Review of Kindly Inquisitors by Jonathan Rauch

Kindly Inquisitors: The New Attacks on Free Thought by Jonathan Rauch. Please support local bookstores by by buying the book through this link – for which I get no remuneration. I just like local bookstores. (I consider buying local as a sort of taxation for having nice neighborhoods, like Bay View, WI.)

I would put this in my list of top ten books you need to read. And, it’s a short book, only 163 pages.

How do we find truth in an age of information? This is vital because the economy is based on information – and bad information can harm, if not destroy, the economy. Rauch says there are five approaches that people take to find or argue for the truth:

  1. The Fundamentalist Approach: God (or some other unassailable authority figure) has given me the truth and I will give it to you. Arguments ensue but unless you are that god or unassailable authority, your arguments are irrelevant.
  2. The Egalitarian Approach: All sincerely held ideas are of equal value. If I sincerely believe that aliens are among us in the form of Pugs, who are you to doubt me? If I sincerely believe that you are wrong, again, who are you to doubt me because my ideas are as valid as any – and any evidence to the contrary is just as absurd or relevant. This approach quickly goes nowhere.
  3. The Radical Egalitarian Approach: Because some people have been held out of the discussion, they get first place back in line. This approach is quite often quite popular with those who have either been held out of the line, or didn’t know the line was there.
  4. The Humanitarian Approach: This can be combined with any of the other approaches, but adds that you must not cause harm with your words. And, the recipient of your words gets to determine how harmful your words are. One sees this used when some protest group says that words are literally violence.
  5. The Liberal Science Approach: In any argument, no one gets final say and no one gets special status. Even if you have special status, say you’re speaking on behalf of a god, a college president, or you’re a charismatic-type leader of a group, you do not get to win the argument based on those roles – you have to win the argument on the merit of your ideas ands the skills of presentation. And, even if you win the argument today, but someone finds contrary argumentation tomorrow, the argument can begin again. For many this approach is exhausting. We want rest and repose, but what we get is life. In the end, Rauch says that this is the only one that can work.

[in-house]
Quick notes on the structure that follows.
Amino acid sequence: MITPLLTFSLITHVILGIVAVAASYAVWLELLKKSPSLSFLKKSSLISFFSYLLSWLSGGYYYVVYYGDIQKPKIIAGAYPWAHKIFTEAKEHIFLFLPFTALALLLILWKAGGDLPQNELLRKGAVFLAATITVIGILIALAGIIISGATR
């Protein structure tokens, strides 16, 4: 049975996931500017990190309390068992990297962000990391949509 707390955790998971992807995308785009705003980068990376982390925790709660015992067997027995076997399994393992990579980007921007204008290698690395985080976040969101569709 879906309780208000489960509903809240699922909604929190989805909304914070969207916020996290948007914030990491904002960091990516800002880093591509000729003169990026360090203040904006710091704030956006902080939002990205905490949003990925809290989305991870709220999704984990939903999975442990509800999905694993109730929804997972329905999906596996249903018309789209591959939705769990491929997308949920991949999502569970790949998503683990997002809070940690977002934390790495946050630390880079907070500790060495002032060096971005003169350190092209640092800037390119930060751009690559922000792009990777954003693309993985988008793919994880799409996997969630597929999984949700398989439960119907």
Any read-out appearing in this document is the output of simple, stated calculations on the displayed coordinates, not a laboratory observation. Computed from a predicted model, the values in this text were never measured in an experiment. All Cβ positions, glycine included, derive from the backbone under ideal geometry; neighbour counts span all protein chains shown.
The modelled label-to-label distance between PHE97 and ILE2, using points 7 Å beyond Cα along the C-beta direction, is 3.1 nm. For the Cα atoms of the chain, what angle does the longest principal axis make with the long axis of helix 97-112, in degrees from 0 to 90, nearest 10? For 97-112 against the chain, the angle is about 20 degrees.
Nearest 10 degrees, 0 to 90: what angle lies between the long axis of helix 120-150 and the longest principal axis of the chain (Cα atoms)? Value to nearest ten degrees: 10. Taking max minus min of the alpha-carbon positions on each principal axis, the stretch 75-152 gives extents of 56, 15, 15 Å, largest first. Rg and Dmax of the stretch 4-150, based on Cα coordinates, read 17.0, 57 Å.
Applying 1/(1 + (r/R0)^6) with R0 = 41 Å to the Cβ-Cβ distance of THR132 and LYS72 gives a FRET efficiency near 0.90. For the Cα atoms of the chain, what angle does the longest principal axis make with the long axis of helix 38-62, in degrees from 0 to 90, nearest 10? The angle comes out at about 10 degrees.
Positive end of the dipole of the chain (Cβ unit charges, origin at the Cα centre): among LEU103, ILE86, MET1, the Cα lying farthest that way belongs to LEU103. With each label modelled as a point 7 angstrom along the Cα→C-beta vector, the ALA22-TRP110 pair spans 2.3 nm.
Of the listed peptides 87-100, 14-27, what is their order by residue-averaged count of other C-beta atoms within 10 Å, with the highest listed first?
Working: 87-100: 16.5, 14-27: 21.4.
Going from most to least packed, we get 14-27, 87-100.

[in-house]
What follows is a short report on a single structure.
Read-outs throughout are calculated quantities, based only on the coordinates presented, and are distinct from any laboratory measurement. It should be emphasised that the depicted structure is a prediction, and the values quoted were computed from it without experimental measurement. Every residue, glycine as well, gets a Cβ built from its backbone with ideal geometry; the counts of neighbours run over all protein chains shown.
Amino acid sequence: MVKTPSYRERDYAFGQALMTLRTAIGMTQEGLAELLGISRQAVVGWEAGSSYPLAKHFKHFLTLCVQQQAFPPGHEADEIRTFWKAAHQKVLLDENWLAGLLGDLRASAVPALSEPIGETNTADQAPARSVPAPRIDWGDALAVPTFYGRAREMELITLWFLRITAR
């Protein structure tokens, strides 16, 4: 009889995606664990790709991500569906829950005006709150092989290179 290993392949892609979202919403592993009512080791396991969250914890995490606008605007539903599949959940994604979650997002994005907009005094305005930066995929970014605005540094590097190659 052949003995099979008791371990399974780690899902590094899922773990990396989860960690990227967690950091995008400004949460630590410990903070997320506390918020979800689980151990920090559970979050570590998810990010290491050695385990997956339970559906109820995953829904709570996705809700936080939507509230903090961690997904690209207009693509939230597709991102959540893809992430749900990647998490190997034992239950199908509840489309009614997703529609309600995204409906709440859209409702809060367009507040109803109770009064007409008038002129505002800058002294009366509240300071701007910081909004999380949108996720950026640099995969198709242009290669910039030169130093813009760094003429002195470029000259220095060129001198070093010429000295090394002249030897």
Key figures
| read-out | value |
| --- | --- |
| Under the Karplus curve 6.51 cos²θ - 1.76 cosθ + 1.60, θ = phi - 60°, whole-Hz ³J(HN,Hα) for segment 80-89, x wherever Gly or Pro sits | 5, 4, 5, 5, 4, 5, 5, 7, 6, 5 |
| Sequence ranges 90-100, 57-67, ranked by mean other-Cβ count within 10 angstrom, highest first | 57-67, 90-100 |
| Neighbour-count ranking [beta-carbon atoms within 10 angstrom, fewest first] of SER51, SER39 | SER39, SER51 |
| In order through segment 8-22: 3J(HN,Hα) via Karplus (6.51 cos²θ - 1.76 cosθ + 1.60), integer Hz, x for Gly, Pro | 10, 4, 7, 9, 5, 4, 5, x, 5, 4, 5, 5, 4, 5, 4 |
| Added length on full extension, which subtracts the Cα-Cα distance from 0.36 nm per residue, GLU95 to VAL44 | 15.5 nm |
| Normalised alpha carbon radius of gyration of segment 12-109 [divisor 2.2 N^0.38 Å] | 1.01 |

As this was written back in 1995, there have been others who have approached this question of truth-finding in an age of information, but this is a clear book and it is short. It has stood the test of a few decades to still have validity.

Twice I have bought this book for executives who have found themselves confronted by absurd but popular ideas from members/faculty/students. I thought it might give some long-term insights on how to have an argument with radicals. Sadly, I doubt it had any real effect, or that it was even read.

Medieval Books as Art & The Secret Lives of Color

When an old technology is replaced by a new technology, the old one doesn’t go away, it returns in the form of an art. Marshall McLuhan (approximately)

Sometimes, the old technology starts out as an art too. An article about the creation of Medieval Manuscripts. This article is a nice, concise history of books from Medieval and Renaissance times.

Just as I think that because of technology, we may see the return (eventually) of ideographic typography (think: hieroglyphics and the likes of Japanese kanji) I do think that the survival of physical books may depend upon those things having enhanced qualities, some of which will be done by hand. Manuscript, as the article explains, means manu=hand, script=to write.

A beautiful example of a modern book that is not done by hand but is a visual, sensory delight is The Secret Lives of Color by Kassia St. Clair. Each page is edged in the color described, and even the colored dots on the cover have a gloss varnish and shadow effect, making it appear as if there were holes in the cover, revealing each color. Slightly smaller than a typical hardcover, the satiny feel to it makes it a delight to hold. I think this is one of the best (modern) designed books I have seen. Oh, and the content is fascinating too, meaning that the writing is also well designed. If this were a digital book, it would miss most of the fun and all of the art.

Scroll to Top